The Fappening: The War on Women and Why You Shouldn’t Look at the Pictures

Unless you have been living under a rock (which, I might add, isn’t comfortable; see a chiropractor a.s.a.p.) and away from social media, then let me enlighten you: towards the beginning of September, nude photos of Kate Upton and the chosen Jennifer Lawrence hit the internet. Dubbed “The Fappening,” (after the fap , or male manual stimulation), it serves as a glaring reminder that in the world of technology, there really is no such thing as privacy. Numerous female celebrities have been hit: Hayden Panetierre, Kim kardashian, Gabrielle Union, Kaley Cuoco, Vanessa Hudgens, Amber Heard, and Rihanna. These are just a few, the tip of the perverted iceberg. Some might disagree that the hacker/s is/are perverted, for the woman whose pictures have been published v “should have known better” than to take nude photos of themselves. This victim-blaming is despicable because it further emphasizes the notion that women have no right over their bodies. THAT, my readers, is a problem.

I absolutely adore Jennifer Lawrence. While I am not the biggest fan of the Hunger Games franchise (dystopian novels just aren’t my thing), I love what she stands for. She doesn’t believe that one has to fit a certain physical mold in order to be successful, and (cue the cliche) that it’s one’s internal content that counts: courage and valor supersede superficiality. It recently came to light that she has a no-nudity clause in all her contracts, and refuses to ever bare it all for the camera. I applaud her for that. Now, that is not to say that females who do bear themselves before the camera are not as virtuous or noble. There is no correlation here between external appearance and internal character. Lawrence does not need to provide any further explanation aside from “I choose not to,” just as Kim Kardashian and Rihanna, whose nude pictorials are public knowledge, have every right to bare themselves as they so choose. The point here is choice. It’s about hegemony. When it comes to the world and any social interactions, these women have the choice as to how they want themselves to be portrayed. Wanna show your areola? Go ahead. Want to not show them? Go ahead. Whatever you want to do with your body.
So, when Jennifer Lawrence’s nude photos were leaked, I could hear the utterance of “Hypocrite!” and “That’s what she gets” from miles away. Ummm, semantics lesson. Hypocrisy is turning the other cheek, when one does not practice what one preaches. How is Lawrence hypocritical in taking these in pictures? She chooses not to appear naked on-screen. Nudity, she feels, has no place in her professional life. Whether these photos were taken for a lover, for fun, or even to document some physical journey (weight loss, for example), she did these personally. There is a separate of spheres here, people. Please acknowledge that. Jennifer’s actions were in no way hypocritical. Her body is hers for the using, and what she chooses to do with it is her choice. More importantly, she chooses to whom it is revealed. Whether the iCloud system is faulty or not, the real breach here is both a breach of privacy as well as of ethics.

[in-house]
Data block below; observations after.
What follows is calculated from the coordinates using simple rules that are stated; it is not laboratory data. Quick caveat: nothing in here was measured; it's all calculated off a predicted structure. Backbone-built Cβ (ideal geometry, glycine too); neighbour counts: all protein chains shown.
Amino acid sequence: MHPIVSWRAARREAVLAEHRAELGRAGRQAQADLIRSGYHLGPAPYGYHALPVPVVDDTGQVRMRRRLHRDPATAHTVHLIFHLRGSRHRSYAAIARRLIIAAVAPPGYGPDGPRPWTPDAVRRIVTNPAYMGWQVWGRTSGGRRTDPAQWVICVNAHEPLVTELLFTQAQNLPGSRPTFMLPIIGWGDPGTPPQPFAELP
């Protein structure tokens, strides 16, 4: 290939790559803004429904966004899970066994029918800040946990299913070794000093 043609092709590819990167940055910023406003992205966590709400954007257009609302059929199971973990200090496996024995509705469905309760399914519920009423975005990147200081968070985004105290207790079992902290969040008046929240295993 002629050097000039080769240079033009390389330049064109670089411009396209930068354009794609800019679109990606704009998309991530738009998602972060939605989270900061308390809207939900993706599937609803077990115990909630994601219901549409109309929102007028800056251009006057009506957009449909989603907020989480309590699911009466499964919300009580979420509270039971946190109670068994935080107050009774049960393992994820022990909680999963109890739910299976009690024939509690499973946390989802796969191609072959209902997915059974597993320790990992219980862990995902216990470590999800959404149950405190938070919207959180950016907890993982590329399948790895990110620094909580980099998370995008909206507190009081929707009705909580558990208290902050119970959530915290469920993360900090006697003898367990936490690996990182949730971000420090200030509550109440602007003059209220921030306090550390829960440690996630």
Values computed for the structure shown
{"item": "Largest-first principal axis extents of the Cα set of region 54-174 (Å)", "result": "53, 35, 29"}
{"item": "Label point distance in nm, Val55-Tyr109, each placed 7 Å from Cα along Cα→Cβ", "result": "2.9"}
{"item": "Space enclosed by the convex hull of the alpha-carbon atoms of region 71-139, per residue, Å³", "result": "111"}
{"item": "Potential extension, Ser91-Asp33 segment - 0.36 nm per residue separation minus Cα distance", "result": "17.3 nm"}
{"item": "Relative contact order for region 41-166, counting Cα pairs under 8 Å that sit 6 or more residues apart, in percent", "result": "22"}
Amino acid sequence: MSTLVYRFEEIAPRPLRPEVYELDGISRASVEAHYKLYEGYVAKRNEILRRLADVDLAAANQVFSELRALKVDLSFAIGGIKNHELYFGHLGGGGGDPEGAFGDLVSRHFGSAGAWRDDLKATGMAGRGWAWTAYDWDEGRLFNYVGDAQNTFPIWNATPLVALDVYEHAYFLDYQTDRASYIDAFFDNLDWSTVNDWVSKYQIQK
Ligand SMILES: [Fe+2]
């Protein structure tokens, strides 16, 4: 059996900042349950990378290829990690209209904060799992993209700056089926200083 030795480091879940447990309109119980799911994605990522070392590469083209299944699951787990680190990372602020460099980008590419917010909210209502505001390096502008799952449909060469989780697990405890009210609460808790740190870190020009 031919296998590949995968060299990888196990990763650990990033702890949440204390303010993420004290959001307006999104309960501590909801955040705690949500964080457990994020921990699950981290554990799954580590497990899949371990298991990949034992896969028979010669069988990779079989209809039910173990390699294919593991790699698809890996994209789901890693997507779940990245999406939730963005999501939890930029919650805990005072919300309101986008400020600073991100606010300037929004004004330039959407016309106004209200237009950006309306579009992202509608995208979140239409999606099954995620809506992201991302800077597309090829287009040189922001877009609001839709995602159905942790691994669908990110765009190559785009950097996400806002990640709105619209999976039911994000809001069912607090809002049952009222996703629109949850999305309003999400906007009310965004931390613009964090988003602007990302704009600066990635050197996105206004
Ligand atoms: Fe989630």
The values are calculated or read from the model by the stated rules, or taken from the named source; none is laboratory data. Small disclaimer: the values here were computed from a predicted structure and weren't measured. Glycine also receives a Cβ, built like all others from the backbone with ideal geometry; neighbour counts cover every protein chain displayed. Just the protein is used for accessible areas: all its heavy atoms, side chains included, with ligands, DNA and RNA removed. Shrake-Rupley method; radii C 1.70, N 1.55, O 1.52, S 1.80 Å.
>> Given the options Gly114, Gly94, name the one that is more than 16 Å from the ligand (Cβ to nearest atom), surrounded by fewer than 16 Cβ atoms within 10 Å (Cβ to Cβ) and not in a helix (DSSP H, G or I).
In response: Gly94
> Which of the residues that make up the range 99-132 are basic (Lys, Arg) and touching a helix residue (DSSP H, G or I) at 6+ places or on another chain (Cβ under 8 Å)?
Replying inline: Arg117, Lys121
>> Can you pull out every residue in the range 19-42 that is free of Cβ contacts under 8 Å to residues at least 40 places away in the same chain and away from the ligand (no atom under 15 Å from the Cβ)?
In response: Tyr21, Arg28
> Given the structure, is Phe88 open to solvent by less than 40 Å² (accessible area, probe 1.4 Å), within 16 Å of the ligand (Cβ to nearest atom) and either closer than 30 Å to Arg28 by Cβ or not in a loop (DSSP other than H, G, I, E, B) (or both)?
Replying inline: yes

Now, let’s move on to Kim Kardashian . I’m not the biggest Kim Kardashian fan, just because I don’t like the whole playing-dumb thing. That’s my choice. I don’t agree with her on that, but one, here life is not for me to approve or disapprove. Her life, her choices. She has shown her naked body in magazines, and some of her Instagram shots aren’t exactly G-rated either. Kim Kardashian is her body, as far as her career (TV shows, endorsements, magazine covers) is concerned. Yet, just as the publishing of Jennifer Lawrence’s hacked photos is despicable, so is that of Kim Kardashian’s. A media-loving Instagram junkie, if Kim Kardashian wanted these photos to be public, she would have publicized them long ago. These photos were private, and she had the final say-so as to their distribution. No matter what you think about Kardashian, and whether or not you agree with her choices, she is still a human being with the fundamental right to privacy.

This scandal is an invasion. Gabrielle Union has gone as far as to label this a “hate crime.” I agree completely. If you disagree with that label, consider the following story. Emma Watson, beloved actress and new ambassador to the United Nations, gave a moving speech about gender equality. Quickly thereafter, Business Insider reports that a user on 4chan, the site responsible for the hacking, published a countdown until Watson’s personal photos would be published. Coincidence? Definitely not. It’s as if those behind this countdown thought to themselves, How dare this woman speak out about gender equality? Does she not know that she has no rights? Hmmm, well, she’ll learn pretty soon.

Is this a new war on women? I don’t think so, because I don’t believe that there was a ever an end to the war. perhaps some cease-fires, but that’s about it. This scandal is just reminding us that many in society do not believe that we have the rights to our own bodies. Saying that the aforementioned women should have known better than to take pictures is truly analogous to saying that I shouldn’t use my Macbook Pro in the library–a public space–because someone may want to steal it. If it is stolen and I am physically injured in the process, it is, ultimately, my fault. Yes, we should proceed with caution in all aspects of life, because the hunter-hunted dynamic is always there; however, those who get off on taking away basic human rights are the real despicable ones.

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